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I am in a class where we are being taught to analyze the smaller consecutive units of text which make up chapters in the overall work (which is of a biographical-historical narrative genre), where we are to apply the anatomy of plot development at the level of the smaller unit. Thus in, say, a six to ten sentence segment (one to two paragraphs) of the text, which is designated a 'pericope' in our analysis, where there is a new episode in the development of the story in the biographical-historical narrative —or some new thematic segment of dialogue between characters— we are being asked to try to identify the parts of rising and falling action.

In our case, those parts are labeled "setting", "inciting moment", "development of conflict/tension", "climax", "denouement", "final suspense", and "conclusion".

I am questioning whether plot analysis for rising and falling action was designed to be applied at this scale or level of the smaller text units in literature, versus applying it only to the arc of the overall work.

If you can apply this at such a localized level, that could result in identifying hundreds of climaxes in a book. Is that a concept in literary analysis?

Please back up any of your answers with authoritative references for conducting literary analysis at the smallest unit of coherent literary development in a literary work. As far as I know, Gustav Freytag is the original creator of a five-act plot structure, which was only applied to the entirety of the work, but I assume literary plot analysis has evolved since Freytag's time.

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In the abstract sense, storytelling is a fairly fractal craft, so you can zoom in and see smaller versions of the same structures at work at finer levels. The book itself has a climax, and so do individual arcs, and usually individual scenes. Sometimes these are missing, either because of unusual circumstances or because the author made a mistake, but they’re not hard to find.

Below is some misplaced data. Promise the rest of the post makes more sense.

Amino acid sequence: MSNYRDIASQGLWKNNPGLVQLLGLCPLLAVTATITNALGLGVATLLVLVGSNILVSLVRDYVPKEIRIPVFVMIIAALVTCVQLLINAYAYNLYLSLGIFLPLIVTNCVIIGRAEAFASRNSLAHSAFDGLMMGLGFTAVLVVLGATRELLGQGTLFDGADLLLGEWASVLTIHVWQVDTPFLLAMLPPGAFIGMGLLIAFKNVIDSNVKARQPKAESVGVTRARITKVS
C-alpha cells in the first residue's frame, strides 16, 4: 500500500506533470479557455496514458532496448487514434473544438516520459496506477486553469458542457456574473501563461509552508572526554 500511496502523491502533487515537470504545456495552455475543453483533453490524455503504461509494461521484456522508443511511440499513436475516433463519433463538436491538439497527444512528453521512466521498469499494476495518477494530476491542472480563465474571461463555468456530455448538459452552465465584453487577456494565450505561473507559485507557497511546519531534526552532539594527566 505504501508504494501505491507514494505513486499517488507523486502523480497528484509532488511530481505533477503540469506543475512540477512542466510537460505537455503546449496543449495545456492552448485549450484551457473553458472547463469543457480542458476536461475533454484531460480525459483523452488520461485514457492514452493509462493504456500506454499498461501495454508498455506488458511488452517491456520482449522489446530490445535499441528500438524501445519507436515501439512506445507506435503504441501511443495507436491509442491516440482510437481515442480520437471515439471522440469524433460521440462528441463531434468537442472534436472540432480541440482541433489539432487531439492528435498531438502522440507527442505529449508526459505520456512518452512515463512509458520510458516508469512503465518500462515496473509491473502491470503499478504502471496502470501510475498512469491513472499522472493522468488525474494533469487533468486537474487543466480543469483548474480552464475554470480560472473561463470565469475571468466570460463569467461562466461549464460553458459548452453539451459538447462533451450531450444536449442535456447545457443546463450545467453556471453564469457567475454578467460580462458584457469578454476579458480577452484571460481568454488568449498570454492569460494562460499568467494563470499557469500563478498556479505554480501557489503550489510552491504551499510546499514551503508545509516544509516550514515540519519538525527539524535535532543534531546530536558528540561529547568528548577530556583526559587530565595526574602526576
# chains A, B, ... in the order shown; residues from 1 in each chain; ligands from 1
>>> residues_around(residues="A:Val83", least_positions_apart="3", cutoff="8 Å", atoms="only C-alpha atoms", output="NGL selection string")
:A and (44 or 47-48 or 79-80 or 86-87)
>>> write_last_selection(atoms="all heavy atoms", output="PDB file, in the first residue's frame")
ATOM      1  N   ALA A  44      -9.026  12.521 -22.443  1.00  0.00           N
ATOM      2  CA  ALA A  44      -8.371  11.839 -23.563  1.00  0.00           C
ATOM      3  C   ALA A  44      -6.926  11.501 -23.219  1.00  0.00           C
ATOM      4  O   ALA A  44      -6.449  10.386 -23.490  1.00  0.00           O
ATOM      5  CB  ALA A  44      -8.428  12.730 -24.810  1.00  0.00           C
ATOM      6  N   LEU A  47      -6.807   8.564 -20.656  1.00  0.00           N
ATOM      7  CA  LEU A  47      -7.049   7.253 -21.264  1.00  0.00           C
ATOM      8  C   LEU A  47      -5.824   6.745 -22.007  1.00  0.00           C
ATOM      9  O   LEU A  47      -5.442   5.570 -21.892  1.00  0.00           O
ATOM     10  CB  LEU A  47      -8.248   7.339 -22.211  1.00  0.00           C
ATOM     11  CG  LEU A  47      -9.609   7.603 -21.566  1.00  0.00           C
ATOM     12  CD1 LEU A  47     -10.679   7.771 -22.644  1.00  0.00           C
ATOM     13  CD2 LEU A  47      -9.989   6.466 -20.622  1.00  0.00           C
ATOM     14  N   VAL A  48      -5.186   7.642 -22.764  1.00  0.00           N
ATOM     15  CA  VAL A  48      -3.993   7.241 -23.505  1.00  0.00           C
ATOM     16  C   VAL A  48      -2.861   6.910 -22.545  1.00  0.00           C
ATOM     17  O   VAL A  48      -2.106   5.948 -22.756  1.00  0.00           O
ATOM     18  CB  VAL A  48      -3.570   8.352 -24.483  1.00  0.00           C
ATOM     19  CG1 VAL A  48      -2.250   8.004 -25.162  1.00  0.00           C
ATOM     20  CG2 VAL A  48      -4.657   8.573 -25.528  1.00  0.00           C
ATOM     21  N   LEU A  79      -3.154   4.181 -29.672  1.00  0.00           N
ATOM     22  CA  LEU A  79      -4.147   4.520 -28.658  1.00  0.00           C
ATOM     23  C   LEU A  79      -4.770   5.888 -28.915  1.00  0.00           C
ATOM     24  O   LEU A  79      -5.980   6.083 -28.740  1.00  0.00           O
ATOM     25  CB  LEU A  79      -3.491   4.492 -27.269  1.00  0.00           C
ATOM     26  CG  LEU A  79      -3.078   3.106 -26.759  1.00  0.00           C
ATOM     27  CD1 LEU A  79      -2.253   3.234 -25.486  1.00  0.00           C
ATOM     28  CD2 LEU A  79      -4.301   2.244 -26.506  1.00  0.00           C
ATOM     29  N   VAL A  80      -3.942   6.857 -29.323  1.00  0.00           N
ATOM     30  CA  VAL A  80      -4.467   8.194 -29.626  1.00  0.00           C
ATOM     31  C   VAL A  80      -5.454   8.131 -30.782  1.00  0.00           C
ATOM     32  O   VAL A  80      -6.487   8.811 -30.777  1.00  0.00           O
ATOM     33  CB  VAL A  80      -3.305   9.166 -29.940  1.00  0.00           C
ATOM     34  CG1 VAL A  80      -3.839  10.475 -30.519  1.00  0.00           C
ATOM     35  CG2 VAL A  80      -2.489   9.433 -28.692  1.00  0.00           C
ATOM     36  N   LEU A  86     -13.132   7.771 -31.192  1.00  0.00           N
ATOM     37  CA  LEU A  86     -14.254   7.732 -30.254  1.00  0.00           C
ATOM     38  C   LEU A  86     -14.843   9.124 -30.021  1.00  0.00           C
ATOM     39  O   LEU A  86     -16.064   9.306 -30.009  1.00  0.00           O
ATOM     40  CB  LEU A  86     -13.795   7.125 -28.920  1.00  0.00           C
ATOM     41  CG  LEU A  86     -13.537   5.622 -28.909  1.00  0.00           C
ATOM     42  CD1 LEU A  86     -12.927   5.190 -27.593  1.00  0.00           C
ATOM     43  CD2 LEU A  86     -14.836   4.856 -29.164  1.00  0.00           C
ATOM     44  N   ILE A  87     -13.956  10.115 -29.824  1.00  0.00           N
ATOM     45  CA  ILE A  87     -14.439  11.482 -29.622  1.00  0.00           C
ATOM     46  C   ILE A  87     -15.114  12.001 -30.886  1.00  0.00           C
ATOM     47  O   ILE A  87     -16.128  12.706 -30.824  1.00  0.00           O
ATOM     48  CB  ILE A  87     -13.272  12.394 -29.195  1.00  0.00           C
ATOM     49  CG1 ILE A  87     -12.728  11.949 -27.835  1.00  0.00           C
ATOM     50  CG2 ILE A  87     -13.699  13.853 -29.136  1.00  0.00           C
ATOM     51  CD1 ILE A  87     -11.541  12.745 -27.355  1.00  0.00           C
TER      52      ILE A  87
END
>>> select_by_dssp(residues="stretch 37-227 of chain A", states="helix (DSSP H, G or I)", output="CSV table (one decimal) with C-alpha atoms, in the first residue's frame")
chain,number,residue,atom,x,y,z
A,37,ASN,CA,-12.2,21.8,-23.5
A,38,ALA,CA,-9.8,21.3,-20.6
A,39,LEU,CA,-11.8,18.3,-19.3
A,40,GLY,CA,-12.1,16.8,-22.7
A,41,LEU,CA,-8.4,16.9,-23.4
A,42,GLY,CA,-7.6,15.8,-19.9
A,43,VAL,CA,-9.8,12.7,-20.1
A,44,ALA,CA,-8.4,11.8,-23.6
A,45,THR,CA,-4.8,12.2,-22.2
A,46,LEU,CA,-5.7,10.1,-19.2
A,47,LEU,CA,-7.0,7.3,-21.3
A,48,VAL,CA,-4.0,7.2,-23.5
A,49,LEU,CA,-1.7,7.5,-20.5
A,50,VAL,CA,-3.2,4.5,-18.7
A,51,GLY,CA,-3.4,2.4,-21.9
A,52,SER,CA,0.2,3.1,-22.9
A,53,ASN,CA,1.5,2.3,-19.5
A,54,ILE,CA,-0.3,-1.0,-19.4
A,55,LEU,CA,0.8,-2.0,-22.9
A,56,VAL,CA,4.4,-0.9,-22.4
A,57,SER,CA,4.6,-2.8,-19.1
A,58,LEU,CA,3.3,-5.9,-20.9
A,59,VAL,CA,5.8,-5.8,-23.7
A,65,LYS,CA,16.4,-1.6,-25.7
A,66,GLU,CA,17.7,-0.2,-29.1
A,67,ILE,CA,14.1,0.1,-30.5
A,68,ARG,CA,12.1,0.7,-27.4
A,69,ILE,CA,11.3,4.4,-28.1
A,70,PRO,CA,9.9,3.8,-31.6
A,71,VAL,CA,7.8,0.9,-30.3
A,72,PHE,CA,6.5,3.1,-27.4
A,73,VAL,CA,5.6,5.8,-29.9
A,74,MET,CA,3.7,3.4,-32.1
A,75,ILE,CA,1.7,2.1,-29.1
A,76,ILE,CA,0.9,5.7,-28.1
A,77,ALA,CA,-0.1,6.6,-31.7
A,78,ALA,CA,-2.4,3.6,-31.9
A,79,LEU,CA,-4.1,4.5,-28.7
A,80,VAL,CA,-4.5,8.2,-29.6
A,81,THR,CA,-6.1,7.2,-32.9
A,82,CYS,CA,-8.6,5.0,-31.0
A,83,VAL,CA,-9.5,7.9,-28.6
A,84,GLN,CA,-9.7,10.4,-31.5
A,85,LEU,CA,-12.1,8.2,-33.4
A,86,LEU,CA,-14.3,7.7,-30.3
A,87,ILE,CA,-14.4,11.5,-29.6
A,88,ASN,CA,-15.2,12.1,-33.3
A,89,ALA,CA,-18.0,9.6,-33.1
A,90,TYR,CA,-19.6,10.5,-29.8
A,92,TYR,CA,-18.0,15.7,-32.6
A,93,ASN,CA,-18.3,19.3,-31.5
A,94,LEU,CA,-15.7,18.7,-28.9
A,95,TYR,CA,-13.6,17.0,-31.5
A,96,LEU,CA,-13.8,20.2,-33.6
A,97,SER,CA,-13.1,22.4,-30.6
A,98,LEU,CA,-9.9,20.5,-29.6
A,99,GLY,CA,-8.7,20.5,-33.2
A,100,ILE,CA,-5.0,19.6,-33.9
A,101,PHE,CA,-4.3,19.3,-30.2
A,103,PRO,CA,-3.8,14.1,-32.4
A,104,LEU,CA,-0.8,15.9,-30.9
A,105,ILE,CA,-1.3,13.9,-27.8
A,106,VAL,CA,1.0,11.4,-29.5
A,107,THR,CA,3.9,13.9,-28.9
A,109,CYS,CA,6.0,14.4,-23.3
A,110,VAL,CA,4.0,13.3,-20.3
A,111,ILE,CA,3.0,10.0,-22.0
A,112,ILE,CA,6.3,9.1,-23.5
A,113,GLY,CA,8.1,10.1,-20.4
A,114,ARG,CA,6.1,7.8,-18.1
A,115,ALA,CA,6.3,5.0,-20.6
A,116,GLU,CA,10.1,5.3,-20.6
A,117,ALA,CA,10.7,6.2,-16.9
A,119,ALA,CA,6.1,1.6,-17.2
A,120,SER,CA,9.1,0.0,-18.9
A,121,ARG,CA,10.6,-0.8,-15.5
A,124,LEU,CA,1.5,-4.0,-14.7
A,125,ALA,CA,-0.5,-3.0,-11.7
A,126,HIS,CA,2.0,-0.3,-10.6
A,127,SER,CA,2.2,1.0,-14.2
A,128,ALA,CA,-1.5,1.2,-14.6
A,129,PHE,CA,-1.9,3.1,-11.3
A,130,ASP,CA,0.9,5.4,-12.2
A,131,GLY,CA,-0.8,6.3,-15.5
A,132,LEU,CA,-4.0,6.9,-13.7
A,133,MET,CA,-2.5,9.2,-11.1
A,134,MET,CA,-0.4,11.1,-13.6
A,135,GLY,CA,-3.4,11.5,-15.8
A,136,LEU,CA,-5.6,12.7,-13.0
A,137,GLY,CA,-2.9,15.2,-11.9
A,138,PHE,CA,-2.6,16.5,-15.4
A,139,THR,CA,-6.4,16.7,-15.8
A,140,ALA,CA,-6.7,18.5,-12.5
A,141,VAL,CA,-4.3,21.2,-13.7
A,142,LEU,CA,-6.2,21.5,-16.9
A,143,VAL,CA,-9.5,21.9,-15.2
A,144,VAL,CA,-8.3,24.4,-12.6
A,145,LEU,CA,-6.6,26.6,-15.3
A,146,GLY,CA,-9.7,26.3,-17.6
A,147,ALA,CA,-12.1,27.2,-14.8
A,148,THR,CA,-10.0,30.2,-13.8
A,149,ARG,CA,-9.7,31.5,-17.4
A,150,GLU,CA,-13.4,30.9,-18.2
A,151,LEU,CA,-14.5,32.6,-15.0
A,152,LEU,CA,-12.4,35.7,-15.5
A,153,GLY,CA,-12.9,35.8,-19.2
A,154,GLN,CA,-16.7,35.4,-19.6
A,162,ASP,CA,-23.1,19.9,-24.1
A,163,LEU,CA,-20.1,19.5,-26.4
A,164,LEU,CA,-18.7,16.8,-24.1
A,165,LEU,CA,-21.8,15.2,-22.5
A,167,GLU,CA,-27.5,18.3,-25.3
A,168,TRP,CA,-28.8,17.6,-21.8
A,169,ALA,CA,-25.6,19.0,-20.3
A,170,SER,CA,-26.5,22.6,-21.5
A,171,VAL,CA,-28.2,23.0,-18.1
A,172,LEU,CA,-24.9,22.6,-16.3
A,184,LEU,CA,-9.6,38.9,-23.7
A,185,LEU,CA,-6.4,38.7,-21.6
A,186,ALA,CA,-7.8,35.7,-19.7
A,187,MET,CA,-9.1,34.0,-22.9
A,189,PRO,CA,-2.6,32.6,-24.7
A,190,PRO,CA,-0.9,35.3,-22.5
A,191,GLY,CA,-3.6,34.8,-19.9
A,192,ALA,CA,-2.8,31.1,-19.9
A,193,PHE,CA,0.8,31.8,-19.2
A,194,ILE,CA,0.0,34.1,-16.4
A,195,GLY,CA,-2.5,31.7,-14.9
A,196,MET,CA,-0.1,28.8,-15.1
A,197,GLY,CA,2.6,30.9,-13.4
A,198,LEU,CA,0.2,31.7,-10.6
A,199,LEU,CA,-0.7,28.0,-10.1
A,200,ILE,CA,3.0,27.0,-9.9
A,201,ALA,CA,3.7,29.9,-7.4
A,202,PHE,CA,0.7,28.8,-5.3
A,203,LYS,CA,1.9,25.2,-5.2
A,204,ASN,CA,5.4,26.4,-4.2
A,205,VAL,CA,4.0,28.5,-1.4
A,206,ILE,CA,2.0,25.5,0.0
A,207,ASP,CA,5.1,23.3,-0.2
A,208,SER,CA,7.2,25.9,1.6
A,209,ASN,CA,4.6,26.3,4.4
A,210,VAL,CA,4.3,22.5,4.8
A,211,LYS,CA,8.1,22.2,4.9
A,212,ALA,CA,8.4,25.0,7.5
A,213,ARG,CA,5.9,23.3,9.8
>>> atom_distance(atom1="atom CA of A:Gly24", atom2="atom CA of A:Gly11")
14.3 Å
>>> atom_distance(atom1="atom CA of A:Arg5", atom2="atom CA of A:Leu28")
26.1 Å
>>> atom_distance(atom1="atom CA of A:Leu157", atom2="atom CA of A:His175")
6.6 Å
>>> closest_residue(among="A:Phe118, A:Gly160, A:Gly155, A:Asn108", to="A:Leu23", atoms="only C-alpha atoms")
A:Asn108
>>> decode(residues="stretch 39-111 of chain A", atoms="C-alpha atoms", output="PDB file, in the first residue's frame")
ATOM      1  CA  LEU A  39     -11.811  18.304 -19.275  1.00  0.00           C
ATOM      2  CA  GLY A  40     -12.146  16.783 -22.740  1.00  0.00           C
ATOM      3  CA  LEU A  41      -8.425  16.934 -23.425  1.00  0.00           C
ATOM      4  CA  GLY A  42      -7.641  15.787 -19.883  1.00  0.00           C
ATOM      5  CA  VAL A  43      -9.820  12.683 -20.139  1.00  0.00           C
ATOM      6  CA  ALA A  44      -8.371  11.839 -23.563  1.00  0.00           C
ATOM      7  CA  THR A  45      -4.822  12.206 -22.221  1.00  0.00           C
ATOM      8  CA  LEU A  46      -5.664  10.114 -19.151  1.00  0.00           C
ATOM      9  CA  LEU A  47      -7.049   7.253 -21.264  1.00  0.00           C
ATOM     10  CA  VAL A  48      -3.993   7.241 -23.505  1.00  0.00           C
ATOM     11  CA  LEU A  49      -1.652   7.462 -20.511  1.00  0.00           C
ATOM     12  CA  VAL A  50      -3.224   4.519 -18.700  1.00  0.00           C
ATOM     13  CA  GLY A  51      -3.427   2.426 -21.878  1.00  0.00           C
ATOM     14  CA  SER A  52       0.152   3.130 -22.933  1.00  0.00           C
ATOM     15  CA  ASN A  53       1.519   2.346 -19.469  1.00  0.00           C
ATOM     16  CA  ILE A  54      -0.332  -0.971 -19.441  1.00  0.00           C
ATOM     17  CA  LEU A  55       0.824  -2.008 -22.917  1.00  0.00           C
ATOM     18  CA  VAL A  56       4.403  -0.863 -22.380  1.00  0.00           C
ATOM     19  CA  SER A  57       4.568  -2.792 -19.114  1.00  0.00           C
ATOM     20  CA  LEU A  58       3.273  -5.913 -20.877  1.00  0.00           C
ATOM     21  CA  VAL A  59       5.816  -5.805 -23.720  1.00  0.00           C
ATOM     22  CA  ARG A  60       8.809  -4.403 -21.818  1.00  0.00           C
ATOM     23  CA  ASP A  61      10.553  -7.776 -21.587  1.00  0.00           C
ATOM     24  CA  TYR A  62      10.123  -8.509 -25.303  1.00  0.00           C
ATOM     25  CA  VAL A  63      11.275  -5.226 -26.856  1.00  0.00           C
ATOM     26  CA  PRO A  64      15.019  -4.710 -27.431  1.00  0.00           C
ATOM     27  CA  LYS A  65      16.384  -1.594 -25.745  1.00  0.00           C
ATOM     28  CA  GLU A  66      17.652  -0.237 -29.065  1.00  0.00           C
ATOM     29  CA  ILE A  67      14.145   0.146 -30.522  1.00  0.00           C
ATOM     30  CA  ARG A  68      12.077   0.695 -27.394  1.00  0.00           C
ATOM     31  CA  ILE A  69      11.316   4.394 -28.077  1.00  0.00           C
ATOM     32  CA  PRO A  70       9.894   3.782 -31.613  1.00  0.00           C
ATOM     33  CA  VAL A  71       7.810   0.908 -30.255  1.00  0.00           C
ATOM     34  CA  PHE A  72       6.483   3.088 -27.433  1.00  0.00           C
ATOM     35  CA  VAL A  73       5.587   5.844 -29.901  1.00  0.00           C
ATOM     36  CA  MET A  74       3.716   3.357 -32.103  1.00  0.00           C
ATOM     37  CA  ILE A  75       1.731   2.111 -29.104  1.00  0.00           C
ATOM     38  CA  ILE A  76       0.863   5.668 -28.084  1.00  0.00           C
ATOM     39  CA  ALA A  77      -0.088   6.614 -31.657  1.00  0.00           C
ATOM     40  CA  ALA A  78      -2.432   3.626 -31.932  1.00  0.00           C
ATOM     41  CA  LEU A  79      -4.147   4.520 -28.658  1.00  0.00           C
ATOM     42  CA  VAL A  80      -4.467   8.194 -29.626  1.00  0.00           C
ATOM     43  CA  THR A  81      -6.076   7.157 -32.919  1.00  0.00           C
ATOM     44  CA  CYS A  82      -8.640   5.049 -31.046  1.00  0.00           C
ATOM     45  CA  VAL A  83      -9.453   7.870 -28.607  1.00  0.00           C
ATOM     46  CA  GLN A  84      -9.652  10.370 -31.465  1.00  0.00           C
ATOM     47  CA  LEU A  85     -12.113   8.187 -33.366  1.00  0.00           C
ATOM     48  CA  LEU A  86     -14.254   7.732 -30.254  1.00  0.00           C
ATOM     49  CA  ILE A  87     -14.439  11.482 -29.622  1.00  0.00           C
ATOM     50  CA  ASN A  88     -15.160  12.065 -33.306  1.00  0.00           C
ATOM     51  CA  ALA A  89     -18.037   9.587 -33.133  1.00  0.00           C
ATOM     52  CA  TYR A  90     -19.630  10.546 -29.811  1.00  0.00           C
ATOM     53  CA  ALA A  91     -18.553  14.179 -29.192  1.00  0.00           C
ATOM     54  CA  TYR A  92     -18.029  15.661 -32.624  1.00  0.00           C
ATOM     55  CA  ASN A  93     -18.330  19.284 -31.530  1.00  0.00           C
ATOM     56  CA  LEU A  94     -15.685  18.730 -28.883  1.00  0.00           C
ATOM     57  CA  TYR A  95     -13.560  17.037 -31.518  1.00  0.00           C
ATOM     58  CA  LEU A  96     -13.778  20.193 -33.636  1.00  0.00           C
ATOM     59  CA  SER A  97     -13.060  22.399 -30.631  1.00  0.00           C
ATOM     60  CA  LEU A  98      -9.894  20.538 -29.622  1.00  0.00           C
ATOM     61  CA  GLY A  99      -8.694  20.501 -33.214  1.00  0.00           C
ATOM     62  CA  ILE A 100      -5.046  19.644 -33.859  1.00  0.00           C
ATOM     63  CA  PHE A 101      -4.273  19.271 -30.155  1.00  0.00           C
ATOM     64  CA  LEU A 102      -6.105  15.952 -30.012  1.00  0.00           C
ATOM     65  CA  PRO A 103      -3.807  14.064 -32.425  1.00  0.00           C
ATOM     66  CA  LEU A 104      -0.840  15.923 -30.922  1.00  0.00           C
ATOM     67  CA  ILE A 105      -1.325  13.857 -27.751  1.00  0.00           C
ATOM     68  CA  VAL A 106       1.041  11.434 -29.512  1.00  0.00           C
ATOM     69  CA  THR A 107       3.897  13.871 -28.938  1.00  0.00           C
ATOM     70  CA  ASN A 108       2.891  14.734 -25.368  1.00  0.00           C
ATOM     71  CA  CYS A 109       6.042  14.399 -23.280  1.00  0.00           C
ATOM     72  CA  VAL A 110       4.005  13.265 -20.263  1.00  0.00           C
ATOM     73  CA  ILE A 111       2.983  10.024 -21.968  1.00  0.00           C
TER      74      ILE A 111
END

The climax of Lord of the Rings as a series is the Ring’s destruction. This is also the climax of Return of the King. Zoom in a little further, and we see the climax of individual books. Fellowship has the big orc fight, Two Towers has Helm’s Deep. Zoom in even further and you can see climaxes of individual scenes, like Gandalf stopping the Balrog in the mines of Moria.

However, this literature class is going to have trouble because it’s proceeding from a number of false premises.

  1. It’s talking about narrative structure in a "biographical-historical narrative," which is always gonna be weird because this is a kind of story that kinda sorta maybe follows a person's real life, and real life often does not conform to storytelling's best practices. So it'll all depend on whether the emphasis is on telling a good story or being true to what really happened.

  2. The plot structure it’s using is full of stuff that may or may not be there. You see this a lot in writing advice. Some stories have things like “inciting moment” and “final suspense,” but many others will not because they are not actually fundamental aspects of storytelling, and there’s no reason they should be. They just get repeated in writing classes because they’re found in famous books. And if you often can’t find them in the story as a whole, you often won’t find at smaller levels either.

  3. The class is having people look at sections of text as small as six to ten sentences. Sections that small can have their own complete arcs--often called microfiction--but just as often they won’t. You’re just at too fine a level to subdivide any further. More likely you’re looking at some exposition, description, dialogue, etc.

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  • Your first observation is fair though some specifics are missing on my part. This is ancient Greek literature which is biography of a condensed and episodic nature with some stories that are coherent on their own, but still contribute to the overall direction of the narrative. Think Plutarch's Parallel Lives (βιοι παραλλελοι), or "Bioi" = ancient name for biographical story accounts, and the New Testament Gospels, which contain diegesis (διήγησις) = 'narrative'. That aside, can you please provide some citations from an academic source for analysis sections that "have their own complete arcs"? Nov 15, 2023 at 21:35

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